Safely away from the crowded dining room Marlin climbed above the pool deck and settled uneasily into a lounge chair, tilting his long worn UAW baseball cap down to cover his eyes. Letting the breeze ruffle his T-shirt, he realized why the uppity bitch he'd just seen in the buffet line had so easily angered him ... She'd made him feel like a pretender the day they'd boarded the boat, & had almost openly sneered at him when passing him as he'd left the dining room after dinner the first night, wearing his gray Under Armor collared shirt & black Dockers. He'd taken to avoiding her whenever possible, even staying off of the veranda of his cabin after he'd found out she was in the state room above his. The last thing he wanted was to have her say or do something to drive home how out of place he was on the cruise, alone. She was a too vivid reminder of the person his wife actually turned out to be, rather than what he'd thought.
It'd barely been 8 months since his life had been turned upside down. He'd come home to find Cheri lugging suitcases into the garage, loading the already burdened Acura SUV she had leased.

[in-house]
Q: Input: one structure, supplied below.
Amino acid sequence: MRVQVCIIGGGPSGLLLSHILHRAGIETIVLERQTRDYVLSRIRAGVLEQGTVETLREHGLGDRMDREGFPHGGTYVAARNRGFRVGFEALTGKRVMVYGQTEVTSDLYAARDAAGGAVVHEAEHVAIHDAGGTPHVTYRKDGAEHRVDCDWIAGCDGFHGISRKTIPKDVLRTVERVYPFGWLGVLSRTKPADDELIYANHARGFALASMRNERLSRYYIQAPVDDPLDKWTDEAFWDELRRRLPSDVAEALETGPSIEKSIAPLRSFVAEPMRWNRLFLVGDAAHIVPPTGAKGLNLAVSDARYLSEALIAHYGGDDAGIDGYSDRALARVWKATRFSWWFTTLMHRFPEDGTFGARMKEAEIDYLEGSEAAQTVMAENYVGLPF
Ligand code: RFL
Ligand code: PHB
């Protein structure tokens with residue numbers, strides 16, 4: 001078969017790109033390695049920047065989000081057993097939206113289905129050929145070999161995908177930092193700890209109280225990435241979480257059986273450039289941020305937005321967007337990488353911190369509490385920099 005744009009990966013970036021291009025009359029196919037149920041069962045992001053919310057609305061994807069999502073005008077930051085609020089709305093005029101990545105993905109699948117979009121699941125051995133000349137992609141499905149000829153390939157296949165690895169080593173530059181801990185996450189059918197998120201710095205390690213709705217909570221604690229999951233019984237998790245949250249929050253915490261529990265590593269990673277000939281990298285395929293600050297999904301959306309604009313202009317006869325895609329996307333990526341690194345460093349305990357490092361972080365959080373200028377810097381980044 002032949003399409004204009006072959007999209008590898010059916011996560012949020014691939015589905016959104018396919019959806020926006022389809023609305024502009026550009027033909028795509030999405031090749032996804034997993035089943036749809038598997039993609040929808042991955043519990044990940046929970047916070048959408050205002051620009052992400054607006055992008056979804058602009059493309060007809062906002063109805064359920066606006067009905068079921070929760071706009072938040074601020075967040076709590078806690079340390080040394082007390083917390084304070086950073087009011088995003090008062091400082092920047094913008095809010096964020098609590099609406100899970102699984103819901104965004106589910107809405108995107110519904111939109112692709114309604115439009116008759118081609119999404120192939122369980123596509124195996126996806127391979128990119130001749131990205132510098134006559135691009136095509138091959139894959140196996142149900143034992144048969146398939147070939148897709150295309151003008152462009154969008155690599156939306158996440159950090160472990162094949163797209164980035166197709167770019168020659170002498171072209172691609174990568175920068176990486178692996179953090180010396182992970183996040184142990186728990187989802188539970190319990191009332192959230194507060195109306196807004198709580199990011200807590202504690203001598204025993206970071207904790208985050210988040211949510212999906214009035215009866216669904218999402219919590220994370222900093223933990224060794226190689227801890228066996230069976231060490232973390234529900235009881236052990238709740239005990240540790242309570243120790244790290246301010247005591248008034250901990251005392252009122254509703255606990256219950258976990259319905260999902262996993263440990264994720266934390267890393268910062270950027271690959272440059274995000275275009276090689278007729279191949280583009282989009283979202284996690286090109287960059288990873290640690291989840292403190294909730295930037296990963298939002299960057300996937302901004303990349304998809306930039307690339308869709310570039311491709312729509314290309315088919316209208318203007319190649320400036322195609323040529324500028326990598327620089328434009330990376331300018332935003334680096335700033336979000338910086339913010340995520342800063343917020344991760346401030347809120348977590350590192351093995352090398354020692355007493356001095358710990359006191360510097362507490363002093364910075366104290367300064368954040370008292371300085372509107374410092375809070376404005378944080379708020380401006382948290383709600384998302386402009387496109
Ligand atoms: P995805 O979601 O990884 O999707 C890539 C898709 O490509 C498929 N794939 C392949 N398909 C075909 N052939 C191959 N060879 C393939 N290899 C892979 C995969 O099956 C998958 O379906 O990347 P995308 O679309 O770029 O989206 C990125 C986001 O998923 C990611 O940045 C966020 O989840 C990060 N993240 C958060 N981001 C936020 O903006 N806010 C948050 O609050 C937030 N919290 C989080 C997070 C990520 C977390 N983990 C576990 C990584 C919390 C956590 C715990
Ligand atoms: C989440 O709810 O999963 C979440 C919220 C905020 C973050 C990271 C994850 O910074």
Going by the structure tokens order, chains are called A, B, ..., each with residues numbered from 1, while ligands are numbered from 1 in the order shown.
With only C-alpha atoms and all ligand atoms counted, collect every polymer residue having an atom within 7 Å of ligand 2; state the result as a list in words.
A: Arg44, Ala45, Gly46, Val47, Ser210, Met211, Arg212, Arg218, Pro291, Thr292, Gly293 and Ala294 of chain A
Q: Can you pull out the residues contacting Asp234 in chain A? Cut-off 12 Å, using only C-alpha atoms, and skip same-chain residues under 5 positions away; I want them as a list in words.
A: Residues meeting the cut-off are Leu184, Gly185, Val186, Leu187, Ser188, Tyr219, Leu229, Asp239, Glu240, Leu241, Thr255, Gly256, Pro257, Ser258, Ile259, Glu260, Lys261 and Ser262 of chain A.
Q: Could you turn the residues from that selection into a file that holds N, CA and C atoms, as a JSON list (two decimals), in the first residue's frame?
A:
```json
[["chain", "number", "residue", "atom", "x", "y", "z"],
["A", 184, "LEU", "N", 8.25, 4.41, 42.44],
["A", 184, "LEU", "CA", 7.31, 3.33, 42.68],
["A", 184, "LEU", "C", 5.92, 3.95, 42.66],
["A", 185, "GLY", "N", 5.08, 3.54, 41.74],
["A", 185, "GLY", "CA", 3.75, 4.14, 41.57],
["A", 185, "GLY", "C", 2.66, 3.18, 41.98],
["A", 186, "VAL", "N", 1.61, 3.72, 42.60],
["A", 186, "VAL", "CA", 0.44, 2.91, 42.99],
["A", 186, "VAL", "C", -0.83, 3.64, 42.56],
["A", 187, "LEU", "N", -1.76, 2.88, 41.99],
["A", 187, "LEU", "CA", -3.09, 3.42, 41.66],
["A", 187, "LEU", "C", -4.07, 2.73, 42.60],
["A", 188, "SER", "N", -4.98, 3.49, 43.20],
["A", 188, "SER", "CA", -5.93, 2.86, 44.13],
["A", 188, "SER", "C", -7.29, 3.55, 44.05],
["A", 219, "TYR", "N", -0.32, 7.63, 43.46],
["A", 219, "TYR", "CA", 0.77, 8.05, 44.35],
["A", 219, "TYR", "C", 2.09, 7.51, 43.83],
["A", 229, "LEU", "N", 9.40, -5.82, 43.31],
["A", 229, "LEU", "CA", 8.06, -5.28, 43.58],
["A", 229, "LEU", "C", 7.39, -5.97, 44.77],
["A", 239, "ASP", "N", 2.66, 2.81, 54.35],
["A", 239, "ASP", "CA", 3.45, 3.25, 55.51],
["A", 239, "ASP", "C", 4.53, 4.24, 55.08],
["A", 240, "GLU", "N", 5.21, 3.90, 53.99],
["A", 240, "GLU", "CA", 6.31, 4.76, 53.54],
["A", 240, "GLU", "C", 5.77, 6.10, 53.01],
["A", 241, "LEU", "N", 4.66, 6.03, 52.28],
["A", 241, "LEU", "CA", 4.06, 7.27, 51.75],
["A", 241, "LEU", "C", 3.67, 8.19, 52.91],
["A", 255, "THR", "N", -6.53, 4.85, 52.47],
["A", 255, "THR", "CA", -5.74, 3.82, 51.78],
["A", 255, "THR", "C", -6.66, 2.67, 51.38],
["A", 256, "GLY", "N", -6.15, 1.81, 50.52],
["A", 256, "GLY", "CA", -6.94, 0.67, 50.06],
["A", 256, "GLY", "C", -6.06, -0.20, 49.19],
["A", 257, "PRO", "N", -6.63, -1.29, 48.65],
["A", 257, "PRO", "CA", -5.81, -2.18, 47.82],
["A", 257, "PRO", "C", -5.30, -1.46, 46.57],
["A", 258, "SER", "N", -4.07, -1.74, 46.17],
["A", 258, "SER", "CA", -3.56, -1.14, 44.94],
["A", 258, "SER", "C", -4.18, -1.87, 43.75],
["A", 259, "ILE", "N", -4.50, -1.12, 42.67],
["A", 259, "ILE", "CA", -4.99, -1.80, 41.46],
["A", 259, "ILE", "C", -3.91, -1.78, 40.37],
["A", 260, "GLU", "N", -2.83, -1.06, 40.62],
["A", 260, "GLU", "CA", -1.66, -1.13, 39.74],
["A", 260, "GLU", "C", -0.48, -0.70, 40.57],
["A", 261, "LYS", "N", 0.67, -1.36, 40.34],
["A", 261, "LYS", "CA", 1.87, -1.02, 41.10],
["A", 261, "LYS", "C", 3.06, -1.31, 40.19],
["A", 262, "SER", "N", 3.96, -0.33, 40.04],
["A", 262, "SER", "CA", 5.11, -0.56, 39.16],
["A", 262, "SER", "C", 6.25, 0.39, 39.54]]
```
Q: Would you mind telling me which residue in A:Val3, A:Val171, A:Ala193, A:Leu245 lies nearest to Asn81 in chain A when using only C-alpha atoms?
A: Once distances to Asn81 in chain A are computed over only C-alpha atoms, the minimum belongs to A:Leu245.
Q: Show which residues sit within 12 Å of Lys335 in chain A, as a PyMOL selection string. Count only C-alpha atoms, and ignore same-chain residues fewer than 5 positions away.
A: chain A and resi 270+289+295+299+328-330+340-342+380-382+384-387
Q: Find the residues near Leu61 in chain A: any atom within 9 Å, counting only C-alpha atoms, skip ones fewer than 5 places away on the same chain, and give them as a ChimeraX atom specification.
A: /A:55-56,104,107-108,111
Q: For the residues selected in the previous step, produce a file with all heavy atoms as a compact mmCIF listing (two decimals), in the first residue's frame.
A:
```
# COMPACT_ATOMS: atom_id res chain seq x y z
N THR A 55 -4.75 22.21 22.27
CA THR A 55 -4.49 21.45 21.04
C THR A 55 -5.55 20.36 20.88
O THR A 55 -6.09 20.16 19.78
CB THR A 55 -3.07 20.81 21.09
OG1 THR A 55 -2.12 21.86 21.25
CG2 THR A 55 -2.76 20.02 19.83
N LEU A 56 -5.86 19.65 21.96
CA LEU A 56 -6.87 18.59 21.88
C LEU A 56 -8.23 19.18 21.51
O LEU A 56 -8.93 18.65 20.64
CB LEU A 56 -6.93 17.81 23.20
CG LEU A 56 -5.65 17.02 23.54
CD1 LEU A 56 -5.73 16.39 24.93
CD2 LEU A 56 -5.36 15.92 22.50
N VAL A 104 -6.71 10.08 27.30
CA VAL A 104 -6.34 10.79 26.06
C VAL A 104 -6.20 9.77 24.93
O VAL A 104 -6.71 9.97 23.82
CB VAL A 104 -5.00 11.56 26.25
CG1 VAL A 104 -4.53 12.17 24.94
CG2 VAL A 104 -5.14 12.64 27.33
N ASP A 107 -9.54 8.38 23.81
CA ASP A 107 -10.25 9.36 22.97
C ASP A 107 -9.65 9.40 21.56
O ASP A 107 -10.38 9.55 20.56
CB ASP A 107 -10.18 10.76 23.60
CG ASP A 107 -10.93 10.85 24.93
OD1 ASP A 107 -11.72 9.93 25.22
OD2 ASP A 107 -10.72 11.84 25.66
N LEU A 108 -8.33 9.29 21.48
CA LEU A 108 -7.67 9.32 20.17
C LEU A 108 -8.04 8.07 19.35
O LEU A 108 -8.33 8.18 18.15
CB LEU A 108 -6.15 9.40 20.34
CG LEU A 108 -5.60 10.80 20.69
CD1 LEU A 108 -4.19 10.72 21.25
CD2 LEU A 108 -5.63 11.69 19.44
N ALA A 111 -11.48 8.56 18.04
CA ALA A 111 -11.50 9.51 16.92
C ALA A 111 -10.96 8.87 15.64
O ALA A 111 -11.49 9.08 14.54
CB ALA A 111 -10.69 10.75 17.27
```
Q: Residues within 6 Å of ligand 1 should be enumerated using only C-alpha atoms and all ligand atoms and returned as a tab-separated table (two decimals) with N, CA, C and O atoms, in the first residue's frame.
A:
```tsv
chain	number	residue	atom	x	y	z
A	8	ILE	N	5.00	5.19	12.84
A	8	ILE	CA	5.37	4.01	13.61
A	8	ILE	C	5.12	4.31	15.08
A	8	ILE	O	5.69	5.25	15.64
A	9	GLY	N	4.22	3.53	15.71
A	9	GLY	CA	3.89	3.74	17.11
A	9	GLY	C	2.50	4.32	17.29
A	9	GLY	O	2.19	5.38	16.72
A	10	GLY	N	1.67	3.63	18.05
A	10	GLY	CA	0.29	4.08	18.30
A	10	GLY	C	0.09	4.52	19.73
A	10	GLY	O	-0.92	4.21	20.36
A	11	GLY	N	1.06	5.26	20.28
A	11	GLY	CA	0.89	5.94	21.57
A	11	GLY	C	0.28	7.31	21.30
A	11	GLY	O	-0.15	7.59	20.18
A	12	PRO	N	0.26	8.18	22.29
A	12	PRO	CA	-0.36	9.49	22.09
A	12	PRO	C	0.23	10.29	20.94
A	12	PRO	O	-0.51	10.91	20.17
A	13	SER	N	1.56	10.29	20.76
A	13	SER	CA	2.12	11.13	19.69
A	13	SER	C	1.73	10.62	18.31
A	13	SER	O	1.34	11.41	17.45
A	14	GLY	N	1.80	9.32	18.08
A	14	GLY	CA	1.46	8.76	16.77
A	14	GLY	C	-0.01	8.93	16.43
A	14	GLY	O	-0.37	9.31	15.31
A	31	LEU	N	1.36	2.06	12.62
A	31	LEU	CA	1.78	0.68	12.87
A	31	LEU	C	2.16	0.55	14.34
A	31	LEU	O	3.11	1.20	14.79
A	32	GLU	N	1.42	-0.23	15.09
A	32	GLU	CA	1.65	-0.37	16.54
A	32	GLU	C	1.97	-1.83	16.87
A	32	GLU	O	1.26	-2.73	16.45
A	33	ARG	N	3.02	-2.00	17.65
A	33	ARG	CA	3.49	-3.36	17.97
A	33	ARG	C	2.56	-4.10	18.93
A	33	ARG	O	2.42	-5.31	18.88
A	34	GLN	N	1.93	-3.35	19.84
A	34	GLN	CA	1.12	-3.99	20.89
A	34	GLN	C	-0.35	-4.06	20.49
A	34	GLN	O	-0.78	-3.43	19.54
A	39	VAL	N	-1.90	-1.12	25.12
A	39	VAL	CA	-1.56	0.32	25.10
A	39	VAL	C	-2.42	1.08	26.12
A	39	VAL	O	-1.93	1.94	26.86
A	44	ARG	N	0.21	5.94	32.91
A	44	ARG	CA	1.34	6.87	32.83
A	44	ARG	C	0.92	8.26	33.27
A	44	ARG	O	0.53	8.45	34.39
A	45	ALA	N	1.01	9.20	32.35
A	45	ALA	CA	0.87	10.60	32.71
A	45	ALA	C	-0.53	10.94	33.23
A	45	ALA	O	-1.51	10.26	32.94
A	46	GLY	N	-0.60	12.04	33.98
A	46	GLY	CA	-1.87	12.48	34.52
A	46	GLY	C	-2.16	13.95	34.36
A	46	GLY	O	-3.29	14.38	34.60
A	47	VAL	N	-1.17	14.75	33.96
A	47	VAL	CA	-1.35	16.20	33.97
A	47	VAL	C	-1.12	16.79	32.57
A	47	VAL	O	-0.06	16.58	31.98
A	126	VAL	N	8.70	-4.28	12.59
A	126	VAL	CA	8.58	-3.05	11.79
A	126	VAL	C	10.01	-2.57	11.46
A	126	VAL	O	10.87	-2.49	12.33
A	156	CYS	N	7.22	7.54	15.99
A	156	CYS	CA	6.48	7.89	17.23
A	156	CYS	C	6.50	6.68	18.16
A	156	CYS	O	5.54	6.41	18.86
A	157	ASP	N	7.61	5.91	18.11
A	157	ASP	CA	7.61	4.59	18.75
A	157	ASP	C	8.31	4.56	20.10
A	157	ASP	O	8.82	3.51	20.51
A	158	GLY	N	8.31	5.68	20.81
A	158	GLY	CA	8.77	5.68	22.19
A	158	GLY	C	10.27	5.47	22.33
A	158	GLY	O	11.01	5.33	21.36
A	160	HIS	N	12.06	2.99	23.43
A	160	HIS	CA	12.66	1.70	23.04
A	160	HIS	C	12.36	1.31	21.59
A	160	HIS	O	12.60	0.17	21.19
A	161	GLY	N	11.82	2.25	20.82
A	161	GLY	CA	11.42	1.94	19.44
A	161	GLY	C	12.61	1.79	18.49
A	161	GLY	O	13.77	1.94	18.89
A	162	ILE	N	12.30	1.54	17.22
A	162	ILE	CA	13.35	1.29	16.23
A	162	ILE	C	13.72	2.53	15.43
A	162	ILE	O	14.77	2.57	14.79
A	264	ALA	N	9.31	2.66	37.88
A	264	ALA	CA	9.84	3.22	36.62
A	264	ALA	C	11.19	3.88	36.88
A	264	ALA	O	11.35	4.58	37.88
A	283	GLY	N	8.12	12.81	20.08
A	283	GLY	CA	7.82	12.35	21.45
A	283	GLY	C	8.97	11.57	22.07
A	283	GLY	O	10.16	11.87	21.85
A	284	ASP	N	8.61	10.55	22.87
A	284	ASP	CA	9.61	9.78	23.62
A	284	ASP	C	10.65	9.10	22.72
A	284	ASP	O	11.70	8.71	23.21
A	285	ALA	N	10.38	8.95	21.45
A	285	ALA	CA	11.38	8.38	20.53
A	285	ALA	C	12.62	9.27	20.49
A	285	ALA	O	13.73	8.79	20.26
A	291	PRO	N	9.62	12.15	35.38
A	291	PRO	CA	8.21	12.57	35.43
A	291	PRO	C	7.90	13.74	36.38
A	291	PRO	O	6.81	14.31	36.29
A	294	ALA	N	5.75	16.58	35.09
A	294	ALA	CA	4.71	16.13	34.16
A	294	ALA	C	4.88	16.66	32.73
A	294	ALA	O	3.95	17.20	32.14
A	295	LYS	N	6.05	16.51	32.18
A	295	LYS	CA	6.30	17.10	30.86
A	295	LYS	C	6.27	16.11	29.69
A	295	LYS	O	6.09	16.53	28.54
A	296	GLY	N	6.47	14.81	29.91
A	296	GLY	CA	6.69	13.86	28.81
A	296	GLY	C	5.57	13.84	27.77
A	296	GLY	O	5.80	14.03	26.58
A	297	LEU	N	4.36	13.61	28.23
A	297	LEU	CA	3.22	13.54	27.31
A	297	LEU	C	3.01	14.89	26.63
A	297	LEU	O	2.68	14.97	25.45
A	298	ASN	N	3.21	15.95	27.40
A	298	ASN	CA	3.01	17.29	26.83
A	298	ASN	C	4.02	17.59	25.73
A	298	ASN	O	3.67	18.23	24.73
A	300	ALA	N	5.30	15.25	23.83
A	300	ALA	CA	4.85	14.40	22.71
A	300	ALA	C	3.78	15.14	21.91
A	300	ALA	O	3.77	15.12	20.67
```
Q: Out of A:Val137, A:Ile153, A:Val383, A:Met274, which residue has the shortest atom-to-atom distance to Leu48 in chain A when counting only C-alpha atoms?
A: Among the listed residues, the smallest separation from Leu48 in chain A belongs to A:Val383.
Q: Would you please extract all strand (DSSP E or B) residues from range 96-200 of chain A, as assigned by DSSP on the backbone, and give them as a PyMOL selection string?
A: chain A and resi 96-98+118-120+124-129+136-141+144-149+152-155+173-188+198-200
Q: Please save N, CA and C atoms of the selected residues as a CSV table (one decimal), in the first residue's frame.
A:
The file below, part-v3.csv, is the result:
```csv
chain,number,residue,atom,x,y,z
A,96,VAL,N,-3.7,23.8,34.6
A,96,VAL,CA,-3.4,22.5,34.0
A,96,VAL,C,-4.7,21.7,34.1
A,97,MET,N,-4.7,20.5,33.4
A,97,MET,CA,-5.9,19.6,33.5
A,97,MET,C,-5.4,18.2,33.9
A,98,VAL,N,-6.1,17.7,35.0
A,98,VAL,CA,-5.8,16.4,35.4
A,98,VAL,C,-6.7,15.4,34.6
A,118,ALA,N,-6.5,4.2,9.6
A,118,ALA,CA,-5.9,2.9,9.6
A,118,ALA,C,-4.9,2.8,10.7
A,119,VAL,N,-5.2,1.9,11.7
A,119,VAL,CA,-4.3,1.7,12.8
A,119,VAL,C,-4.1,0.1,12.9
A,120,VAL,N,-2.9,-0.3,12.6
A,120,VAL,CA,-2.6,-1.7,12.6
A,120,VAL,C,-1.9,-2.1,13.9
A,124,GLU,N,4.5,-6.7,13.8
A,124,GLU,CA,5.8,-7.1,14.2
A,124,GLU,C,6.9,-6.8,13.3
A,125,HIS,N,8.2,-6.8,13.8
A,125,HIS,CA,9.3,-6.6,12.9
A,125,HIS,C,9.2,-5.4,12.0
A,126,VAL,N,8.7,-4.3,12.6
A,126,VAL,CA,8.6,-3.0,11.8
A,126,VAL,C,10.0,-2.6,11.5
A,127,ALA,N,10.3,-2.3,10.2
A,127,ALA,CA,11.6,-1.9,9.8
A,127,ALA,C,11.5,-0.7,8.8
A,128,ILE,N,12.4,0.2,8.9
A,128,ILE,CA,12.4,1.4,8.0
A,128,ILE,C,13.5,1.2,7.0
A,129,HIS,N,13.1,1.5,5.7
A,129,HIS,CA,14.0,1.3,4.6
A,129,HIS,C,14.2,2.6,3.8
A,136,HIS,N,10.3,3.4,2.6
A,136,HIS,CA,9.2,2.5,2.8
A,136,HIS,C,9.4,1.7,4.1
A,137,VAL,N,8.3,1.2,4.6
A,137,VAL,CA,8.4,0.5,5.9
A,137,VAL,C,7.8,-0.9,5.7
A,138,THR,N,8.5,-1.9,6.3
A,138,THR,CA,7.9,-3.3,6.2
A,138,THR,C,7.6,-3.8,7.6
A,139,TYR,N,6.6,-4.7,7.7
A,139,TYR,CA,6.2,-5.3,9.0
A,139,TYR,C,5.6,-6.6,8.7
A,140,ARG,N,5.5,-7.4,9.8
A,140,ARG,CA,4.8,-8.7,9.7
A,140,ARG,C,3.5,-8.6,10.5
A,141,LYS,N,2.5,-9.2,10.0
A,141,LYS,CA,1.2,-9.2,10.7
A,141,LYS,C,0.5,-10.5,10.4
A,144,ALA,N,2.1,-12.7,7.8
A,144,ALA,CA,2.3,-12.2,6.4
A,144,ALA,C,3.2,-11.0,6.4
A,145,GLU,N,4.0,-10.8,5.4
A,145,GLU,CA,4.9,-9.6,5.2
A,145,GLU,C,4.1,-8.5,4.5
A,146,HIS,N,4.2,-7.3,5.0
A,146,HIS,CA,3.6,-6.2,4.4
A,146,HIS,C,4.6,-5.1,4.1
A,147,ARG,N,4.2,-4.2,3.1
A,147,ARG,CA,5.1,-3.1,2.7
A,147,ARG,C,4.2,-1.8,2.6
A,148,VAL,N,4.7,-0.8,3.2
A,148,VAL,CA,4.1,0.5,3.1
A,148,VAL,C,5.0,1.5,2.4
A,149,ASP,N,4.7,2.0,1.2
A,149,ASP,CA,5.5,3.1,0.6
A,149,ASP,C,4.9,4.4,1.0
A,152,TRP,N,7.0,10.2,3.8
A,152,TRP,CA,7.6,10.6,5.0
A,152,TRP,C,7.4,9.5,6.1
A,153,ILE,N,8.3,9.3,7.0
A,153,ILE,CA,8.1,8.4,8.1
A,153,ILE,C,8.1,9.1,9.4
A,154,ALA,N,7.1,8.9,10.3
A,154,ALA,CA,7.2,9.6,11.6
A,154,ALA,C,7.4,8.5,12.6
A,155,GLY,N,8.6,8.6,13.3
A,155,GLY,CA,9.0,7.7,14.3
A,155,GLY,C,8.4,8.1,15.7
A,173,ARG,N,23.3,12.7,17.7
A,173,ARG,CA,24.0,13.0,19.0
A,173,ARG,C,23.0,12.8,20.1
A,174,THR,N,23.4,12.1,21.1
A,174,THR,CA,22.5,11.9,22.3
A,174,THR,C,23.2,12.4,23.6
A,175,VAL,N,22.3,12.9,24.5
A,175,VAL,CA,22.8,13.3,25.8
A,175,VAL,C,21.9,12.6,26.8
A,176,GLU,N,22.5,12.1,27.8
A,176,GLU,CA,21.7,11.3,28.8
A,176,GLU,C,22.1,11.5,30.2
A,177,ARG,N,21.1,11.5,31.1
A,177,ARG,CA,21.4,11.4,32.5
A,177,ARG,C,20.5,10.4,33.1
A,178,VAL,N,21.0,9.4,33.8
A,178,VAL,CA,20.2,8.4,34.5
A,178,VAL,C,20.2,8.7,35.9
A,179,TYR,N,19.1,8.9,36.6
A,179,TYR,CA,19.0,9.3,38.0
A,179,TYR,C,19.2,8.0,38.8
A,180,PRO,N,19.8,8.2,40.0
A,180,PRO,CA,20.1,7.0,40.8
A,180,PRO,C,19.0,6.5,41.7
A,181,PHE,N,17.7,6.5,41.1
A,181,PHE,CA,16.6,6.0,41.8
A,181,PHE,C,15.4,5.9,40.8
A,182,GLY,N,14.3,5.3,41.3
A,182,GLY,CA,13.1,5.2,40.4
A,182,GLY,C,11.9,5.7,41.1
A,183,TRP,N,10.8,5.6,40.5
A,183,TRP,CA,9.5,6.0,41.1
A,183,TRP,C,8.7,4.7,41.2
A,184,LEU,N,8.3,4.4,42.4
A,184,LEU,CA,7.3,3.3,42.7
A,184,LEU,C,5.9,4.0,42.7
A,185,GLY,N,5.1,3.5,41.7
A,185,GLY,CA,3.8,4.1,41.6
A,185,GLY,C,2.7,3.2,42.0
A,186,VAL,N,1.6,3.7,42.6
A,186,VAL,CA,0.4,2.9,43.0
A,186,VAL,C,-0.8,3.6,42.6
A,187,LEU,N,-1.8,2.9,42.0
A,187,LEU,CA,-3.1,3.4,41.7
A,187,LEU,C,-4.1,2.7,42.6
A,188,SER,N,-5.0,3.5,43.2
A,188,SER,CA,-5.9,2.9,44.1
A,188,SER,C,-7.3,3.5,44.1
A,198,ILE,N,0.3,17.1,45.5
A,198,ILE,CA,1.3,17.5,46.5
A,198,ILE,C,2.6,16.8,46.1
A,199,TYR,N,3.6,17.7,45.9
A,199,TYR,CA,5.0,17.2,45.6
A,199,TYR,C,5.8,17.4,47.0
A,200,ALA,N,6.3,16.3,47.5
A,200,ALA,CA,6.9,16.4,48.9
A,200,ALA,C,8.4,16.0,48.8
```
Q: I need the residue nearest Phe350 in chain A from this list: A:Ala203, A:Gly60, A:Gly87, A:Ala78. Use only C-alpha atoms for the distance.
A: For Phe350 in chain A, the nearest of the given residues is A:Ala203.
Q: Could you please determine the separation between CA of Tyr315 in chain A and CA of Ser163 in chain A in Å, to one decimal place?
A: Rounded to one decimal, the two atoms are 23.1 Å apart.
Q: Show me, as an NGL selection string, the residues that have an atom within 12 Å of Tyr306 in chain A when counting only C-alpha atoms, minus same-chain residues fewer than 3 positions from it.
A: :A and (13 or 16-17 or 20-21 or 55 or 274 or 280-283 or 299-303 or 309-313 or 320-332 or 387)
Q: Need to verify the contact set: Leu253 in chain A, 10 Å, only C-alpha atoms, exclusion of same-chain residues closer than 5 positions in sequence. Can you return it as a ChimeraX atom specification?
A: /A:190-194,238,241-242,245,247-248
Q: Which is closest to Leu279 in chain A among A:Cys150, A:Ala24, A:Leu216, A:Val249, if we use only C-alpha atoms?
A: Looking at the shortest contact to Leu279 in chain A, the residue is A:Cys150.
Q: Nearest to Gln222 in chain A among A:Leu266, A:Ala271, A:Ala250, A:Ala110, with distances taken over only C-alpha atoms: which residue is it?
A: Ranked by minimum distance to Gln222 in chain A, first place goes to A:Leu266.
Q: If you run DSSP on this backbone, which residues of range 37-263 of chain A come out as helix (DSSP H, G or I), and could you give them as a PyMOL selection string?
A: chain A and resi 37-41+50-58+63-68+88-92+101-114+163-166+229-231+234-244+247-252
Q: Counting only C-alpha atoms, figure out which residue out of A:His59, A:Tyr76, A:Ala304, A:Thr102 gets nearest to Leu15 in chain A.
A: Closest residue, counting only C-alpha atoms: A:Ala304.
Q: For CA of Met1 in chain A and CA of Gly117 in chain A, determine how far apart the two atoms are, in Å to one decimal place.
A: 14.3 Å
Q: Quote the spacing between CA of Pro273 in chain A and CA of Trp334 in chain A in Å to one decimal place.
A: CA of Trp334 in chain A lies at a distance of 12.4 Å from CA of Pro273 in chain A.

"I'm leaving you," she'd said without any sign she cared if he was hurt by her decision. He'd stood watching her, barely able to comprehend what she'd said ... He hadn't known they had any problem. Thinking back, he remembered sagging into the nearest kitchen chair, wracking his brain for what had happened to bring it about. He could come up with ... nothing.
True, he was no high profile lawyer or doctor, but he had always provided for them. If Cheri wanted something, she got it, including the imported high end SUV. His rise from the hourly wage line employee to a salaried manager with Chevy had been earned through hard work, but even so, it had hurt his chances to rise farther faster when word had gotten out that his wife was driving a non-American product ... then the new Z3 by BMW. The pointed comments & veiled threats hadn't bothered Marlin; the smile he'd seen the day she'd come home in the little silver convertible had enough he would've gone back to the line if that's what it would've taken. The point was, he did not live to work ... he job was merely the means to see more of Cheri's smile.